On every trip where my husband Scott and I Pack for a Purpose, we also like to take a small gift from the two of us for the staff in the camps. This, in addition to the normal tips, is a way to express our special gratitude for the wonderful service and care they provide.
Zambia is a landlocked country and it occurred to me when we were walking on the beach in North Carolina in early May that it might be lovely to take seashells made into jewelry as gifts.
Having gathered the pieces of clam shells and jingle shells, I then needed to turn them into jewelry. For this I knew I needed help. I used the internet to search for jewelry-making classes in Raleigh. I was lucky enough to land on the website of Elizabeth Lynn Strugatz. https://elizabethlynnphd.com/about-2.
Elizabeth graciously volunteered her time and assistance to help us make the jewelry. We of course covered the cost of all the materials. Jewelry-making is something that clearly gives Elizabeth great joy and which she excels at.
Scott and I share the joy of creating something of beauty, and it made the process most exciting. Elizabeth instructed us on cutting the metal. We experienced the exhilaration of hammering in the patterns. Various hammers had different patterns and sizes on the heads, which gave us ample options to express our creativity.
Elizabeth drilled all the holes for the jump rings, filed the metal so it would not be sharp, put in the jump rings, and added her own talents to many of the pieces.
The next major step was applying the resin, which we did in our home.
Our wonderful friend and neighbor Josh brought over his Dremel tool so he could smooth any rough edges that were left from the resin, volunteering two hours of his time. We are thrilled with the result and hope the camp staff in Zambia will be also.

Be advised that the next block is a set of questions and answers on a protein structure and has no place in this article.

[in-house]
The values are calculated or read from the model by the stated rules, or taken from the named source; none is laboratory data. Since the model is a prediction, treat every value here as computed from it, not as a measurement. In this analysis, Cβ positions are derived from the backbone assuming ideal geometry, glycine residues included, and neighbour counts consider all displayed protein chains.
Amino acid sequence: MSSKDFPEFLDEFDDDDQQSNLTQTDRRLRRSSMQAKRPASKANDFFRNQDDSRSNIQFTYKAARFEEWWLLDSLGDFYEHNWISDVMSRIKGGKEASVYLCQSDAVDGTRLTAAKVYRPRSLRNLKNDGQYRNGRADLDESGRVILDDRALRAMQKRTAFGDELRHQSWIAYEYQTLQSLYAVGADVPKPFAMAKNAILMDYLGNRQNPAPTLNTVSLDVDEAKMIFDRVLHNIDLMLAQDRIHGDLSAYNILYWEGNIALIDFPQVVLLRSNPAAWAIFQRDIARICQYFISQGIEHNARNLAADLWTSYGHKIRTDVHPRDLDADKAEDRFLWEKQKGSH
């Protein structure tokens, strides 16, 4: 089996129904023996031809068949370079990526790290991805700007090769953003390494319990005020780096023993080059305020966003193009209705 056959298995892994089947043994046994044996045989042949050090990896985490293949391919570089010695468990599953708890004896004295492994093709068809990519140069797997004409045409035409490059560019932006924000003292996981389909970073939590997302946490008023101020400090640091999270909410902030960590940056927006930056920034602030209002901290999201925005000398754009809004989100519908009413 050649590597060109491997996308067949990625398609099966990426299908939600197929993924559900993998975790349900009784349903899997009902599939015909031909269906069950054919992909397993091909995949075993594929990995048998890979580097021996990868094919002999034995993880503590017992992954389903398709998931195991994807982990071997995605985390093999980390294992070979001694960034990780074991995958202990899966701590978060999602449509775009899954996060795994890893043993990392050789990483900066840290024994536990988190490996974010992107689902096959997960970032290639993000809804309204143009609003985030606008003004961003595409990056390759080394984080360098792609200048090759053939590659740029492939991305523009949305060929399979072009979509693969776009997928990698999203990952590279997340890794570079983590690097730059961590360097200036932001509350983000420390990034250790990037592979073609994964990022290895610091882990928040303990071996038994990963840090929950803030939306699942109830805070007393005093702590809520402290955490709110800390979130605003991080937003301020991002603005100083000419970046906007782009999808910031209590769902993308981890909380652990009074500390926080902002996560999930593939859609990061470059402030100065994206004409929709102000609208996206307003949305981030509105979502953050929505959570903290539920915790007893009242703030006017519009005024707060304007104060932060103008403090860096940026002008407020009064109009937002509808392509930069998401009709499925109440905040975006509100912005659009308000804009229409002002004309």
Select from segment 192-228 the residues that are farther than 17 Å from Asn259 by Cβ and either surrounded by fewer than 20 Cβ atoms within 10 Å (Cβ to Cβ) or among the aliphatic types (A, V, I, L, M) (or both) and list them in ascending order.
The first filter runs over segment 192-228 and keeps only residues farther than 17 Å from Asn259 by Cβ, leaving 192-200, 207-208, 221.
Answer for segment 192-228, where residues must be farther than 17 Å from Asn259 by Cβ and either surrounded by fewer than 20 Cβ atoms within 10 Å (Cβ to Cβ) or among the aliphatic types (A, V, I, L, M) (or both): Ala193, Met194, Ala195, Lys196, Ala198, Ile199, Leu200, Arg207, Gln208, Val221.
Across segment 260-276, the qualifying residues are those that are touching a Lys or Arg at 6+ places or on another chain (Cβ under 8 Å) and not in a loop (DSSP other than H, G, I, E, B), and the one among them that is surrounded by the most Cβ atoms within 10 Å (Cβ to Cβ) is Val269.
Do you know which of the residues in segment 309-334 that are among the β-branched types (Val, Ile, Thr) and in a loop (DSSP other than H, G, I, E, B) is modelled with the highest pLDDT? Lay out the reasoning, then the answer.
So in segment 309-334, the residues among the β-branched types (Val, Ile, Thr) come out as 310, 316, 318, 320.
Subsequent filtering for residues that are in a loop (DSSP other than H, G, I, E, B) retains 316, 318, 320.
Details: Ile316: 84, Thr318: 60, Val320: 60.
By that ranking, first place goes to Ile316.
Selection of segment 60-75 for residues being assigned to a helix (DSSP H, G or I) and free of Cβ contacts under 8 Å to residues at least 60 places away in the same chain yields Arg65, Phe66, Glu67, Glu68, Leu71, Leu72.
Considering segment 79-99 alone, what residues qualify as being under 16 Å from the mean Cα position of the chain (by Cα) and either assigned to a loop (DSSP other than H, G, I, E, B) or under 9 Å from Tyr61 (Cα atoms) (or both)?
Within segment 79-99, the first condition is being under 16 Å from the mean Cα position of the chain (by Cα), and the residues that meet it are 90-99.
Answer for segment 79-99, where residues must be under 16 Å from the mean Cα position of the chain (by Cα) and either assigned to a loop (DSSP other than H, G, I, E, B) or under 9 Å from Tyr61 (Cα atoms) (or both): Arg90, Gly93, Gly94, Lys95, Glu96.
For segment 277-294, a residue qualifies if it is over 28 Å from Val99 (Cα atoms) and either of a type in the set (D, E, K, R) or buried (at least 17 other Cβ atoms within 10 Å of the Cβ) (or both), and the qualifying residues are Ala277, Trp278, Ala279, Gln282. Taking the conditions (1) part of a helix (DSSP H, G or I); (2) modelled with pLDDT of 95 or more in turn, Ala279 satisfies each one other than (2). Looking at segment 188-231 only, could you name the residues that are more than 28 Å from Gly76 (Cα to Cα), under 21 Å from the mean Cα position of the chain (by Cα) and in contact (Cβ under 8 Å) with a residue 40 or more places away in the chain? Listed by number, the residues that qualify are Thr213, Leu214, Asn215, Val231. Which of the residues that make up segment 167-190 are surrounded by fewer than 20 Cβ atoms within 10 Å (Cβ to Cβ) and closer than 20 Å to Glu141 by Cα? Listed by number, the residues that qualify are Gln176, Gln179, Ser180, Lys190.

The staff at Kafunta River Lodge, Three Rivers Lodge, Busanga Bush Camp, and Shumba all selected pieces with great enthusiasm. Most of them had never been to the ocean and were delighted to see the small bit of video we took from the beach in North Carolina where we collected the shells.
Below are photos of some of the staff at each camp and the pieces they selected.
Kafunta was a return visit for us. Anke and her husband Ron have been instrumental in supporting the community since they first opened their camp. Going back was a great pleasure and once again, the staff exceeded what would have been expected of great service. Their warmth and pride in their country radiates.
Three Rivers Bush Camp is a sister camp to Kafunta River Lodge. We selected it as a new destination for us with incredible river views, and because they offer a lot of walking opportunities. Ernest, our guide, is an amazing human being, and along with the staff, made sure our time there was most memorable.
At Busanga Bush Camp, we were literally the only guests for two of our three nights. The camp opens at the beginning of June each year. Being the only guests gave us the opportunity to interact more with the staff. We had dinner together both evenings, and along with the laughter and smiles, learned a great deal from each other about our daily lives, hopes, and dreams. Spending more time with the staff enhanced our experience enormously.
Our last five nights in the bush were spent at Shumba Camp. Once again, the staff was extraordinary. Because it was early in the season and the camp was not yet full, we spent three of our five nights after dinner playing cards with some of the staff. Laughter filled the evening, and Felicia, a manager in training pictured here with Arnold, the camp manager, got the unofficial title of “Card Shark”. The staff selected the pendants themselves and were delighted by the video of the ocean.
Our joy and gratitude were magnified by being able to share a part of ourselves with our wonderful hosts. These experiences are imprinted firmly in our hearts.